The years from 1910 to 1940 were called
"The Golden Age of the American Jewish Boxer." In those
years, when boxing was the most popular sport in America, Jewish
boxers dominated the sport with 26 world champions.
As one who grew up in the latter part of this era, when there
were more than 20,000 registered Jewish boxers nationally, I can
recall quite a few of them who lived in Newark.
The Newark Jewish boxers, as I recall, were mostly from around
Newark's old Third Ward1,
and mostly sons of struggling immigrant parents.
In this recollection, I will try to spotlight more than a dozen
of these Newark fighters, mainly from my Third Ward neighborhood,
who made boxing history, sought prominence, or just battled for
a few dollars with dreams of bigger purses.
Jewish Hall of Famers
Topping the list of Newark Jewish fighters were these ten, all
of whom have been enshrined in the New Jersey Boxing Hall of Fame:
Benny Levine, Hymie Kugel, Max Novich, Mickey Breitkopf,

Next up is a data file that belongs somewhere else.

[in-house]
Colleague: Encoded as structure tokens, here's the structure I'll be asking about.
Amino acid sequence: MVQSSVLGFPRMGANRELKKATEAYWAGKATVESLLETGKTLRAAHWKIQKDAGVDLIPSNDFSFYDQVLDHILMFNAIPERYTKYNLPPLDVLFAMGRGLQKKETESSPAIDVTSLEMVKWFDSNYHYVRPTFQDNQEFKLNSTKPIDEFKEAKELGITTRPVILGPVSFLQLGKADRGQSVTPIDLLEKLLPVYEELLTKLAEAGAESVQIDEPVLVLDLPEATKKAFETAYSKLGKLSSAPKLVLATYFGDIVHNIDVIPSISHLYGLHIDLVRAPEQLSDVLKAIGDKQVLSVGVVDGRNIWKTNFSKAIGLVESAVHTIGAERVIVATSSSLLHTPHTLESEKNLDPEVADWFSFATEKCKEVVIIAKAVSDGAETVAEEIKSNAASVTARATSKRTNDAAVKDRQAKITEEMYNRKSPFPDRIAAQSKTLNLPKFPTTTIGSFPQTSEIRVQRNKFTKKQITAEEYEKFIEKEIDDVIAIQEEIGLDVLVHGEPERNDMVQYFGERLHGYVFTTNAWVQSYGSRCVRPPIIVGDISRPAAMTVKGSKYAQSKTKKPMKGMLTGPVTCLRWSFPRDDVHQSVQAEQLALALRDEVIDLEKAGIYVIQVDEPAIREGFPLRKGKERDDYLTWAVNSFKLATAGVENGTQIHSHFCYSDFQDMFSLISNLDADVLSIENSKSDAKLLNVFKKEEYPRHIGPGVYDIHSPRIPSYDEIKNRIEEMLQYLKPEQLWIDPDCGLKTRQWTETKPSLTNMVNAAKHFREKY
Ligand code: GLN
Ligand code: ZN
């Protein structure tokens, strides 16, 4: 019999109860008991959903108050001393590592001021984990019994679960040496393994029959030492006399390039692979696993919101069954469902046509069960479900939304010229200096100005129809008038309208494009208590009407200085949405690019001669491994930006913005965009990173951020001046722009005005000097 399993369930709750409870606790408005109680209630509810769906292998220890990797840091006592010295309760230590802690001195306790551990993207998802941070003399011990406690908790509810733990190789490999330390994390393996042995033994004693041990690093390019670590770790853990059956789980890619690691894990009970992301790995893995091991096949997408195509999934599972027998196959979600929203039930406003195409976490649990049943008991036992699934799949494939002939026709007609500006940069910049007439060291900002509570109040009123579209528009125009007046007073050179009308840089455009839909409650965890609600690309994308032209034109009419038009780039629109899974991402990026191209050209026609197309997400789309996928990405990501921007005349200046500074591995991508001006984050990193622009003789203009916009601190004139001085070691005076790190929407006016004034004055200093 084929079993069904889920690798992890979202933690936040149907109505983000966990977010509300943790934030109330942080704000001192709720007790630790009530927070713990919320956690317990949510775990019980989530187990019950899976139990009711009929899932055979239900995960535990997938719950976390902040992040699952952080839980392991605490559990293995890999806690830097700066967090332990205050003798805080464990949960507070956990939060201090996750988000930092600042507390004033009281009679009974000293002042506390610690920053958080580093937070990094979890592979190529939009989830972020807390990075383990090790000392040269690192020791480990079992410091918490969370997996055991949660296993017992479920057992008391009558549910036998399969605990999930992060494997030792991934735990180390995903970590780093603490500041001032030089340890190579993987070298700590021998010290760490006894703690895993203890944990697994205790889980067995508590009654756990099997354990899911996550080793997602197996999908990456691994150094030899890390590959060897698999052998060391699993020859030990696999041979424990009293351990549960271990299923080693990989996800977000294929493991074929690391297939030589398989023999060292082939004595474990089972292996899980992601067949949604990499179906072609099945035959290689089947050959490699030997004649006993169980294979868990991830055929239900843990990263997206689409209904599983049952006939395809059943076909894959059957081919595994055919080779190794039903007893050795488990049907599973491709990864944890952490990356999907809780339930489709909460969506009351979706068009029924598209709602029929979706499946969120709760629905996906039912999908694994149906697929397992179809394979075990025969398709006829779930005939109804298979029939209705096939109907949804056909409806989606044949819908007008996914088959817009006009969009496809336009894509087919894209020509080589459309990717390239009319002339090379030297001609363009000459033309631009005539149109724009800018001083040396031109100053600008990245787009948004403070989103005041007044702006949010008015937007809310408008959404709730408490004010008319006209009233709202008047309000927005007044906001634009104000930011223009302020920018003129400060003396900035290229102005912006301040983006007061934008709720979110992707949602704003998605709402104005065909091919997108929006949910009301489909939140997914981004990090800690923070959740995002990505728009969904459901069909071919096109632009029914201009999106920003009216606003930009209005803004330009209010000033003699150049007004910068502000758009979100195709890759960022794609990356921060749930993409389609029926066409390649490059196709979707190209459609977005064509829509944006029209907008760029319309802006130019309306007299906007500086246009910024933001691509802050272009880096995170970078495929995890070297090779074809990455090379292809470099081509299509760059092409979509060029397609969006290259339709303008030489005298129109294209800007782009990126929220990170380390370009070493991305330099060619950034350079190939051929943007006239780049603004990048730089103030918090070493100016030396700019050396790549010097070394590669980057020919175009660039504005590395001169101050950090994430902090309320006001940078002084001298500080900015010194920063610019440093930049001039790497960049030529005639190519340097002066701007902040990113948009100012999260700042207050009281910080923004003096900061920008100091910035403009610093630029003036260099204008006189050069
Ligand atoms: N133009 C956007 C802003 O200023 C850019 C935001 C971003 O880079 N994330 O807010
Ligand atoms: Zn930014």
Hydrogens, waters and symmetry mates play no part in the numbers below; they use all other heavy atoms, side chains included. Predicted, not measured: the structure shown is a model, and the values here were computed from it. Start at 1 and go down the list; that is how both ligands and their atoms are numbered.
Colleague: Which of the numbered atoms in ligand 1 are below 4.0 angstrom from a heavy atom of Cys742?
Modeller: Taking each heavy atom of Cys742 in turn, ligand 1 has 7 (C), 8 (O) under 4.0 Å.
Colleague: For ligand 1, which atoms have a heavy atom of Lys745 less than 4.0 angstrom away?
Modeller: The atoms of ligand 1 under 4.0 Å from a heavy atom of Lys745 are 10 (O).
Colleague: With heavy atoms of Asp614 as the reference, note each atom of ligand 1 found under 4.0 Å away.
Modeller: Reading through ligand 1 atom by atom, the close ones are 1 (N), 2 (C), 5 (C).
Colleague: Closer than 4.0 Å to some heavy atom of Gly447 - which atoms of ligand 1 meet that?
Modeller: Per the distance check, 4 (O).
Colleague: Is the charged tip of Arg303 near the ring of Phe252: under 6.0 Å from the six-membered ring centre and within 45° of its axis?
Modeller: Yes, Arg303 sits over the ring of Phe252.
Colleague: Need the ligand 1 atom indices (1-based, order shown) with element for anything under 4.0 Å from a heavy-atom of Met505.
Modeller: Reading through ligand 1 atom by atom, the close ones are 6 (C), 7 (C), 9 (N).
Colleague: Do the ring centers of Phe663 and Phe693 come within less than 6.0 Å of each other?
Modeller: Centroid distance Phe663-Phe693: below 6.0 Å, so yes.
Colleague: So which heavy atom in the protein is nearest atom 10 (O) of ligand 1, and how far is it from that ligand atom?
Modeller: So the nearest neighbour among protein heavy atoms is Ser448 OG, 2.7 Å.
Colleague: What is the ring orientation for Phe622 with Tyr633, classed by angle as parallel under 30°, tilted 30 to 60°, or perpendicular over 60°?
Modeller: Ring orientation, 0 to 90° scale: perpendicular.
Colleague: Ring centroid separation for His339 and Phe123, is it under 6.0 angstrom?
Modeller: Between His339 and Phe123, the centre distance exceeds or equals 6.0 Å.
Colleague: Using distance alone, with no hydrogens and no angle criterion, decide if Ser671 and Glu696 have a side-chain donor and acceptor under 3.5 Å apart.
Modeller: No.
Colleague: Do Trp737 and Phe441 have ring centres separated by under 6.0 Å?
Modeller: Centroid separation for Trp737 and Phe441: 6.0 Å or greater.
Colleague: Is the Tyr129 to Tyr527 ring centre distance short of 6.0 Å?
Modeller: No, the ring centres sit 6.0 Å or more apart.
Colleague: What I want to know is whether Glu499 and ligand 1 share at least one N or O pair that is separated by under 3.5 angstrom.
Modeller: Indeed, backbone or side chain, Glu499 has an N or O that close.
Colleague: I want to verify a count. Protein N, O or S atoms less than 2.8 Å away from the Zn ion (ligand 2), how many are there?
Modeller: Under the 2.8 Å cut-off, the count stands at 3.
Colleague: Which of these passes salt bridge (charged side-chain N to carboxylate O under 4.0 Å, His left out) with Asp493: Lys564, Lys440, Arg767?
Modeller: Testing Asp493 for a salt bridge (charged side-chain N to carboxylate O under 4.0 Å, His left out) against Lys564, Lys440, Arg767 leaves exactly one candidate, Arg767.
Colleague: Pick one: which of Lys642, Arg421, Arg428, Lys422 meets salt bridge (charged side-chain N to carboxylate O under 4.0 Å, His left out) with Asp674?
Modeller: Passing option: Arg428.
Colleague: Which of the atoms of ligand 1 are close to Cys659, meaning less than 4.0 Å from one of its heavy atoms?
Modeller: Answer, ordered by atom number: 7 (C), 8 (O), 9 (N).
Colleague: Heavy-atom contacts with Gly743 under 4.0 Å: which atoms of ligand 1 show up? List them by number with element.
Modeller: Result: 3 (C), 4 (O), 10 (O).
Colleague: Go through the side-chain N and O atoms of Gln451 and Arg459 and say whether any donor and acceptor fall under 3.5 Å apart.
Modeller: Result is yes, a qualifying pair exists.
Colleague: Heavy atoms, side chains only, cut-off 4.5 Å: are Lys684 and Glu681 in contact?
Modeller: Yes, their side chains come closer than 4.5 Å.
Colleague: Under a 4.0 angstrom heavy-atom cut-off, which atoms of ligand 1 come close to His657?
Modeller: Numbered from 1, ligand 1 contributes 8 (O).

Maxie Fisher, Al Fisher.
The Two List Toppers
The two names at the top of the New Jersey Hall of Fame list,
Allie Stoltz and
Abie Bain, were, in my view, the greatest of the
Jewish boxing ring achievers from Newark.
Allie Stoltz is at the top of my list because he participated
in two title matches, losing one, a 15-rounder, by a split decision
to world titleholder Sammy Angott, and the other to Philadelphian
Bob Montgomery. Both of Stoltz's opponents were ranked among the
all-time boxing 'greats' and both are enshrined in the International
Boxing Hall of Fame.
I put Abie Bain second, not only because he was a great fighter,
but also because he was the only Newark Jewish boxer ever to lose
a title fight to a Jewish world champion. On October 22, 1930, Bain
was stopped in 1:47 of the 11th round by world light heavyweight
champion Maxie Rosenbloom, in the champion's first title defense.